You slaved over SATs or GREs. You stressed over letters of recommendations, dorm room arrangements, term papers and group projects. You’ve been in school for months or maybe years, and burnout is seeping in. You’ve hit a stumbling block -a looming thesis, a financial crisis or an emotional meltdown, and you need a break. But does taking a hiatus from your education really throwing it all away?
Luckily, more students than ever are deciding to take a hiatus from their college or graduate school careers. Once seen as the realm of slackers or failures, the stigma of “taking a break” has eroded as the community takes a more serious look at students’ mental health. Far from being the death knell of your educational career, your job prospects or your life, taking a break from school can open doors you never thought existed – and clear the way for a more productive and constructive educational experience.
Should I Go?
If you’ve considered taking a leave of absence, the first step is to get serious and ask yourself a few questions about the nature of your discontentment. Why are you considering leaving? Is this merely a matter of finals stress or a serious issue? Take stock of your situation. Are your grades suffering because of an unexpected setback? Are you unhappy with a particular course or professor? What is your living situation like? Have you made a good effort to mediate the stress that inevitably comes with school?
Try to specify what the problem is, how it affects you, and whether it can realistically be solved. Can you get tutoring or other assistance? Can you switch majors, classes or dorms? Can you take out a loan to minimize financial pressure? If such changes can’t be made, it might be time to consider a leave of absence.
How Do I Do It?
Every school’s policy on deferred studies and leaves of absence is different. Check with an advisor or professor about your school’s policy. Most schools offer more than one option, with the possibility of taking anywhere from a semester to several years off. Or you may decide that transferring schools is the best option – once again, check with an advisor about policies for transferring students.
Breaking The News
The choice to take time off from school might be very unpopular with your parents and friends. When breaking the news, try to use neutral language and remain as calm and adult as possible. If you’re making this decision without the support of your family, enlist other people in your life to fill the gap and encourage you through this confusing time. If you’ve really done some soul-searching, you’ll know you’re making the right decision for you. Just acknowledge that it might not be compatible with the expectations and wishes of others.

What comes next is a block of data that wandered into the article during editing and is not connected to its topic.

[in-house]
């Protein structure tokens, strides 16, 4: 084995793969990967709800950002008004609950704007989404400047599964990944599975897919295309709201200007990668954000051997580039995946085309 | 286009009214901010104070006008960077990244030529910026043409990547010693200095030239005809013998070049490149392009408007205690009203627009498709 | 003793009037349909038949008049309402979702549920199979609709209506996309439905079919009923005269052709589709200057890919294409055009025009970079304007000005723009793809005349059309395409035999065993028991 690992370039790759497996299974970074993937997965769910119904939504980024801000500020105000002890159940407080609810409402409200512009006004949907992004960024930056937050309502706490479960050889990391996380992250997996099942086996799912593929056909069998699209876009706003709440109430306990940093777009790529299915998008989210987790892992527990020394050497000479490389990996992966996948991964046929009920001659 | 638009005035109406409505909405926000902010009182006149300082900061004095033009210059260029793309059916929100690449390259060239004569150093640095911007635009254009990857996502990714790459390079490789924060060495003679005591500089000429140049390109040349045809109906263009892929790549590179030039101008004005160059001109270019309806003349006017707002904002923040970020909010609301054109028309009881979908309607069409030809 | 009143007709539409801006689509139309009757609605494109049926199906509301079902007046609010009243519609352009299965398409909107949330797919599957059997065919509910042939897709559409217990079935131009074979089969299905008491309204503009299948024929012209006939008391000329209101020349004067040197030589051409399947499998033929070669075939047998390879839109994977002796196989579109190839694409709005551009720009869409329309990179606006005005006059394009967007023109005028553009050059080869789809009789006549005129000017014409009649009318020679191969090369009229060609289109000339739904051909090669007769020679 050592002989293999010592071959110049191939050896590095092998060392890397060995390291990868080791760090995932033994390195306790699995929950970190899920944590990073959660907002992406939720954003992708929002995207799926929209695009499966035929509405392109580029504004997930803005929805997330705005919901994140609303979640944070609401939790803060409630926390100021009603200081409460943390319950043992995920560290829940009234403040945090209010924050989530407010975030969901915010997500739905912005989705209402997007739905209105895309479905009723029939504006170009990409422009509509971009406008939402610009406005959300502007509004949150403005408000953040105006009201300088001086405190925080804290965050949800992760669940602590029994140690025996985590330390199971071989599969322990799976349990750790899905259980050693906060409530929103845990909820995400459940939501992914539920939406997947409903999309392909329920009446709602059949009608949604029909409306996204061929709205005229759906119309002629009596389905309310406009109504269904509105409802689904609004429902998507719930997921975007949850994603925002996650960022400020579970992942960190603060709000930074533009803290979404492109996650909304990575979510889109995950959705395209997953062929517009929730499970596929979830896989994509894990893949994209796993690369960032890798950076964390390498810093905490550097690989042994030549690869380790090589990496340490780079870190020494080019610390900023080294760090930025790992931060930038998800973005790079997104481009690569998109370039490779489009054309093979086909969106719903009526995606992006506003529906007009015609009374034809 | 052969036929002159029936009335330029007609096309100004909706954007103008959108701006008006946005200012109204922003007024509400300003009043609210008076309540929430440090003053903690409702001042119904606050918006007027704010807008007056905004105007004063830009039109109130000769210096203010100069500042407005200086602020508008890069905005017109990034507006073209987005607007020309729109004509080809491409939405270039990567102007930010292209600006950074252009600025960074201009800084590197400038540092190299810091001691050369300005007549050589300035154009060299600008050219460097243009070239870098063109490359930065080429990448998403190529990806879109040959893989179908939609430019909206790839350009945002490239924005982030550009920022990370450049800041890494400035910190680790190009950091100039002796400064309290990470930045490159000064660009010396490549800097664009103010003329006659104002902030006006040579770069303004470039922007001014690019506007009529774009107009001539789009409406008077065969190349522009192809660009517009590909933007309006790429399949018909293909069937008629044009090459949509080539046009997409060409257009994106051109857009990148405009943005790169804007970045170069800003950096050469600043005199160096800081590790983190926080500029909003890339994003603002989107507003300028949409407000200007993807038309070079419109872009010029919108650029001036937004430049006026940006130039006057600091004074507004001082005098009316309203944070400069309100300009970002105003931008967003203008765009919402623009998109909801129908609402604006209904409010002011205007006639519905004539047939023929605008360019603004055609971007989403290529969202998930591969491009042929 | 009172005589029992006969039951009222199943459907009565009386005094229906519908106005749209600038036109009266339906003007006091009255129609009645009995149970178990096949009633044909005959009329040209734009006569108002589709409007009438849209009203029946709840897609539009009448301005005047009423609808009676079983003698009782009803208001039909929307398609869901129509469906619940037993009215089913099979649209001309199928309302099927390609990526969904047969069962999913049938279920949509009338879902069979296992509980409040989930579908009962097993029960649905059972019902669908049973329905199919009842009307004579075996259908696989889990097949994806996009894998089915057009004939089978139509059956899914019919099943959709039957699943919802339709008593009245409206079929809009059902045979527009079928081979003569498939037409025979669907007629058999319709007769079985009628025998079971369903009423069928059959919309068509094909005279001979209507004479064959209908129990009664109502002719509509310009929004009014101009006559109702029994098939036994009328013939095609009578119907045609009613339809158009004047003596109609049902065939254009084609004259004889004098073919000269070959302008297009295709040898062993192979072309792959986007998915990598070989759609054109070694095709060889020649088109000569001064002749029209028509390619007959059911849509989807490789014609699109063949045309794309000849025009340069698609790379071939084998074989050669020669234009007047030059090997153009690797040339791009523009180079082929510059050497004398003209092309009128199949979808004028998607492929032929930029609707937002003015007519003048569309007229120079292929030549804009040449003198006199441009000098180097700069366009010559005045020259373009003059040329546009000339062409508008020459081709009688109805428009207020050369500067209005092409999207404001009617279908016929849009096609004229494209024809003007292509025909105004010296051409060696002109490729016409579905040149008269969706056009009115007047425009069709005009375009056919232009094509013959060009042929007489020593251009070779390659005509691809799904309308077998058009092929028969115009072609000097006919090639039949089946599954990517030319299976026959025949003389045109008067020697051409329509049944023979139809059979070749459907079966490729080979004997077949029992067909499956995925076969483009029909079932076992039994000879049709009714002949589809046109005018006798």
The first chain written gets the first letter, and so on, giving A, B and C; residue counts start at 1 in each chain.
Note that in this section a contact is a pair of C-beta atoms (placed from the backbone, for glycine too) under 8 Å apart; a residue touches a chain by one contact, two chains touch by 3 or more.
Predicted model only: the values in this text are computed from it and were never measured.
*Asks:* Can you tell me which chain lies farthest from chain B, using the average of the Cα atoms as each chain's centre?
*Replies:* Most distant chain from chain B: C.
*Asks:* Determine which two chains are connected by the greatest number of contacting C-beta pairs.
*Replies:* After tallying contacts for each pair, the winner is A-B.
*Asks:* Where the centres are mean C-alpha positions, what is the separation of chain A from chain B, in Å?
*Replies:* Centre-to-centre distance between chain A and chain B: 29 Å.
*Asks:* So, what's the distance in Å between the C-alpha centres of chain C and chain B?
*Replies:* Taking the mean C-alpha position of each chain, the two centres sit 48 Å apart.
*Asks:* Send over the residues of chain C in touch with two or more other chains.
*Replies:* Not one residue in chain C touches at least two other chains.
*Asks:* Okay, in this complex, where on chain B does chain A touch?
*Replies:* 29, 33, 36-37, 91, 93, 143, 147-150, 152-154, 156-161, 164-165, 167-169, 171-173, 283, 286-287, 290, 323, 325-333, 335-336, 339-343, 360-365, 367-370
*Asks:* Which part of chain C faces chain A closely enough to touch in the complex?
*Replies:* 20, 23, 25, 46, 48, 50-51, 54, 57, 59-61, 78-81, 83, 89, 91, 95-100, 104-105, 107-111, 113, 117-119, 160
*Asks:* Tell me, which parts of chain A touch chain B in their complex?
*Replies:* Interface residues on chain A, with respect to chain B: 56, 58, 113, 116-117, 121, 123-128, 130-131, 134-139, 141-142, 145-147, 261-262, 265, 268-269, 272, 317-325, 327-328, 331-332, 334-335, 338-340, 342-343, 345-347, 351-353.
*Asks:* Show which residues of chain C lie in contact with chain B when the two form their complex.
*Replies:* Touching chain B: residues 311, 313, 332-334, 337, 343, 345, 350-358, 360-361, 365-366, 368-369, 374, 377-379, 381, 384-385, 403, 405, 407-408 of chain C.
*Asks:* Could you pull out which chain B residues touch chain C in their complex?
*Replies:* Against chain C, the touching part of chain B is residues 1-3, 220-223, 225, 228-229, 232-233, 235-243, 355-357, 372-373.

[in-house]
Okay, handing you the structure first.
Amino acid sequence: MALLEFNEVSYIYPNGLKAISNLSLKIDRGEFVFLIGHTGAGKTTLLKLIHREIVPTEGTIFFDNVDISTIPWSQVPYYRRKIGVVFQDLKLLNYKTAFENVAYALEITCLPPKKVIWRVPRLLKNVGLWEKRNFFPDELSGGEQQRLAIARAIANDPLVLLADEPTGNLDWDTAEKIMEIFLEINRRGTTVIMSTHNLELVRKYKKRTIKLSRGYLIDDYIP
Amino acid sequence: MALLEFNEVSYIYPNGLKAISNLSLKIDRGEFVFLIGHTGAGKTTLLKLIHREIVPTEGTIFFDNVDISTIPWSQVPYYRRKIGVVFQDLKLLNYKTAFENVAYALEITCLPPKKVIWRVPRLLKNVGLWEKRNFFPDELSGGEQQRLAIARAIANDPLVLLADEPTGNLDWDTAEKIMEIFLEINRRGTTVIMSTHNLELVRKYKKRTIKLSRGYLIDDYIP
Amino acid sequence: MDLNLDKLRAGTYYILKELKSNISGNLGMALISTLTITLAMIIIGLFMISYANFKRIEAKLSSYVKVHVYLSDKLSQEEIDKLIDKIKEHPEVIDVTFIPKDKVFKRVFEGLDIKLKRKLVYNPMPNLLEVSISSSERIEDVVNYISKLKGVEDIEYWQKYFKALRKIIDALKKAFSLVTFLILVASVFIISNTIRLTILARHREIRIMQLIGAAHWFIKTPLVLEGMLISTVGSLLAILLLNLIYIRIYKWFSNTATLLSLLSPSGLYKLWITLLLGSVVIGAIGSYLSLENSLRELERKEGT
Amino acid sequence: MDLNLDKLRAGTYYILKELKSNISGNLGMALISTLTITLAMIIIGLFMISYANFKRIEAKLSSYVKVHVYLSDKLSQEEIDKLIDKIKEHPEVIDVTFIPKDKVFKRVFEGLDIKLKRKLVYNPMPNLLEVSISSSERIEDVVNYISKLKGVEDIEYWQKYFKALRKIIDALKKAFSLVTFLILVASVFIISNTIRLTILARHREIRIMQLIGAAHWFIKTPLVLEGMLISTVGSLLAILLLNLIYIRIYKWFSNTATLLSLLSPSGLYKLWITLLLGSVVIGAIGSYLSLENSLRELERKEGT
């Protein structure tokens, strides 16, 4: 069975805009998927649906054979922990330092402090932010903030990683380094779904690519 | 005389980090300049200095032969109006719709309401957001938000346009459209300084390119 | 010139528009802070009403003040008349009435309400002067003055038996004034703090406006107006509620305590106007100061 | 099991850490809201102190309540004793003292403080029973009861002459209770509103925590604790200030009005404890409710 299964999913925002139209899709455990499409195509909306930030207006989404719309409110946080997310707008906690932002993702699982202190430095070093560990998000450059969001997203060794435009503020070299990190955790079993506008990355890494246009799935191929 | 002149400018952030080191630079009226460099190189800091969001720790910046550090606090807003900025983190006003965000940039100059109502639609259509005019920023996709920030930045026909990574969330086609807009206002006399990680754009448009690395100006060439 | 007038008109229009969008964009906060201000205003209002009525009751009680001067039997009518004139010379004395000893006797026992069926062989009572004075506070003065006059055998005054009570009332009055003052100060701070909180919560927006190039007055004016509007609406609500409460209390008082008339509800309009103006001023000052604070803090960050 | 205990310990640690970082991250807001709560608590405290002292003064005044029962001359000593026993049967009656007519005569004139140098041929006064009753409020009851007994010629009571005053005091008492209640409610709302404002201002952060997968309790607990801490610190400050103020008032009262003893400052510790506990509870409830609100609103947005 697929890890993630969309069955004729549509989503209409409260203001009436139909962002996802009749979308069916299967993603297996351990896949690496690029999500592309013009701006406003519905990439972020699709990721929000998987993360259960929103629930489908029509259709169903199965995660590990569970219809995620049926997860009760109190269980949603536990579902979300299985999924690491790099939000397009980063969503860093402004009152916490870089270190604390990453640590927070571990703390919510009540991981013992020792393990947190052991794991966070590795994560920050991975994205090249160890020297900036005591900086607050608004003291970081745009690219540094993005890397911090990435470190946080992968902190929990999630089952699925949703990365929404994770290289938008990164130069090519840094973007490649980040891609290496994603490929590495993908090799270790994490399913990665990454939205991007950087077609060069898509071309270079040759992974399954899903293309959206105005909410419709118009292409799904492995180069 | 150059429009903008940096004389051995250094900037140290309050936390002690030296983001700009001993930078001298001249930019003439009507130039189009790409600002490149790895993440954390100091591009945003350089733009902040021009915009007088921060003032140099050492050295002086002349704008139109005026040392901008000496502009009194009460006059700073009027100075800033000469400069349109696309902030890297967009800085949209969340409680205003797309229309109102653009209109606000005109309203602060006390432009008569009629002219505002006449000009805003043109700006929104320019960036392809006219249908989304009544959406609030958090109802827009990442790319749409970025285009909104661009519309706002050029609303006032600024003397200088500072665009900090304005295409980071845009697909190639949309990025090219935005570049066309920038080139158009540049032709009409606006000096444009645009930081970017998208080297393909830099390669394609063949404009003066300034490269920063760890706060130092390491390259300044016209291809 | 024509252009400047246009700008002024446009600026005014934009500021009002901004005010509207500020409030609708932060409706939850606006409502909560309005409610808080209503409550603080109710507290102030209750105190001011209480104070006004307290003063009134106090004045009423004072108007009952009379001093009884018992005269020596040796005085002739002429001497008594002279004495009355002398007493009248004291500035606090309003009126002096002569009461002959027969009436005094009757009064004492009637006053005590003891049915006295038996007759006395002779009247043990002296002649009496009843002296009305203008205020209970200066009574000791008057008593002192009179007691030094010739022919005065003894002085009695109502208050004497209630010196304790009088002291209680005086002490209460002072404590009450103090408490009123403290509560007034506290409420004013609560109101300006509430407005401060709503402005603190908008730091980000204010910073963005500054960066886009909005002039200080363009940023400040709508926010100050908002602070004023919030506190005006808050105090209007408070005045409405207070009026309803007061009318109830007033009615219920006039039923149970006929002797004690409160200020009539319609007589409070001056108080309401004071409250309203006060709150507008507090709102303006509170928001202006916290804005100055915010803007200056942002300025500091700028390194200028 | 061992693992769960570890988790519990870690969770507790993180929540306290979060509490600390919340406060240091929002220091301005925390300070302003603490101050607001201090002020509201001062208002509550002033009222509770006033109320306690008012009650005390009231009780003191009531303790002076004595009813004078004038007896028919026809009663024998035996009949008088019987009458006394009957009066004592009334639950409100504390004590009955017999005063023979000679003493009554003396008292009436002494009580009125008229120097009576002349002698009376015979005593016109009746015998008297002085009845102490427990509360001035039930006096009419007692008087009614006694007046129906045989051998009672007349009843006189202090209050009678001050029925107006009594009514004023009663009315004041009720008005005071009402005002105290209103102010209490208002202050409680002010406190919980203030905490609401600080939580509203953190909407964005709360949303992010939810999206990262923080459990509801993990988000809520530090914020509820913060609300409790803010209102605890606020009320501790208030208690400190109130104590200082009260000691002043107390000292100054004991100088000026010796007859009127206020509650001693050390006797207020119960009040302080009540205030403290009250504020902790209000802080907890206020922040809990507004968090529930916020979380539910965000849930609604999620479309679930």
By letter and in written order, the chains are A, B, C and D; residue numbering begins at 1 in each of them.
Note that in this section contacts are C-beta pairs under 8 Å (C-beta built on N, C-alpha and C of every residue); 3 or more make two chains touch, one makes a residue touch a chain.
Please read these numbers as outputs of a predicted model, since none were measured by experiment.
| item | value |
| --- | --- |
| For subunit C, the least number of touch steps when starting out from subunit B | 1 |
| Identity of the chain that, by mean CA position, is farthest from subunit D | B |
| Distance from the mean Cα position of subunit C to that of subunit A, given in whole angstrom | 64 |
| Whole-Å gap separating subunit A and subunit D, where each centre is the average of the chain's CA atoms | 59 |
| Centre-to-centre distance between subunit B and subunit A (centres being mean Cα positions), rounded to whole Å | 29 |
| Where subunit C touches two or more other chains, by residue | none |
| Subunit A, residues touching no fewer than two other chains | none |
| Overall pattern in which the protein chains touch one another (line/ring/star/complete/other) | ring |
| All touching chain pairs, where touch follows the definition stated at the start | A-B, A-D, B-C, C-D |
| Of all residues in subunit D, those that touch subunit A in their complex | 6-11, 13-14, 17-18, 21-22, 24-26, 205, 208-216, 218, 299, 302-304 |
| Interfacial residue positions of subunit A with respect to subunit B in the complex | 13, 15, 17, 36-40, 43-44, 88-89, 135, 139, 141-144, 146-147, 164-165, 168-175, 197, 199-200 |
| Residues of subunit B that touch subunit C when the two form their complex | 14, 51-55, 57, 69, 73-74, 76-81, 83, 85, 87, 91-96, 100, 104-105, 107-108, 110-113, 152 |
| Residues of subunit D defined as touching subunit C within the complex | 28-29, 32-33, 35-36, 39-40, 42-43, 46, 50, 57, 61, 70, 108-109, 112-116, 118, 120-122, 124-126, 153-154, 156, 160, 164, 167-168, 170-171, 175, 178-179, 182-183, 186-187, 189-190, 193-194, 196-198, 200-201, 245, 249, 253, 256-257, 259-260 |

Taking time off of school presents two issues – the short and long term. Make sure that you have clearly defined goals for your time off, whether you choose to travel, work or relax, and that you have thought about your possible re-entry into your studies. How long do you envision your break lasting? What do you want to spend your free time accomplishing? A break from school is a great time to get in some international travel, work at an interesting internship or job in another field, or even do some temp work and begin a savings. Sometimes a change in location is all you need to help redefine your personal goals and aspirations, but going home might be just what you need to regroup and recharge. This is your time – make good use of it.
Whatever you choose for your time off, make sure that your emotional and mental needs are being supported. Be prepared for a period of confusion, resentment and discomfort as you make this transition and prepare for the ones ahead. A committed group of friends and contact with advisors who encourage and support you is key for your time off. These contacts can also keep you motivated and on track for your return to school.
Whether your break was one semester or several years, returning to school after a break can be daunting. Remind yourself that you’re not required to answer for your choices to anyone but yourself and surround yourself with supportive friends who understand the hard transition you’re about to undertake. It may not be smooth, but with time and perseverance you can make a successful transition back to school – with the knowledge that you made a decision that was right for you.
A break from your education won’t necessarily solve all of your problems, but it can give you the space you need to reorient yourself around your educational goals. With a clear purpose and a little help from your friends, you can survive a break from school – and run into invaluable experiences and opportunities along the way.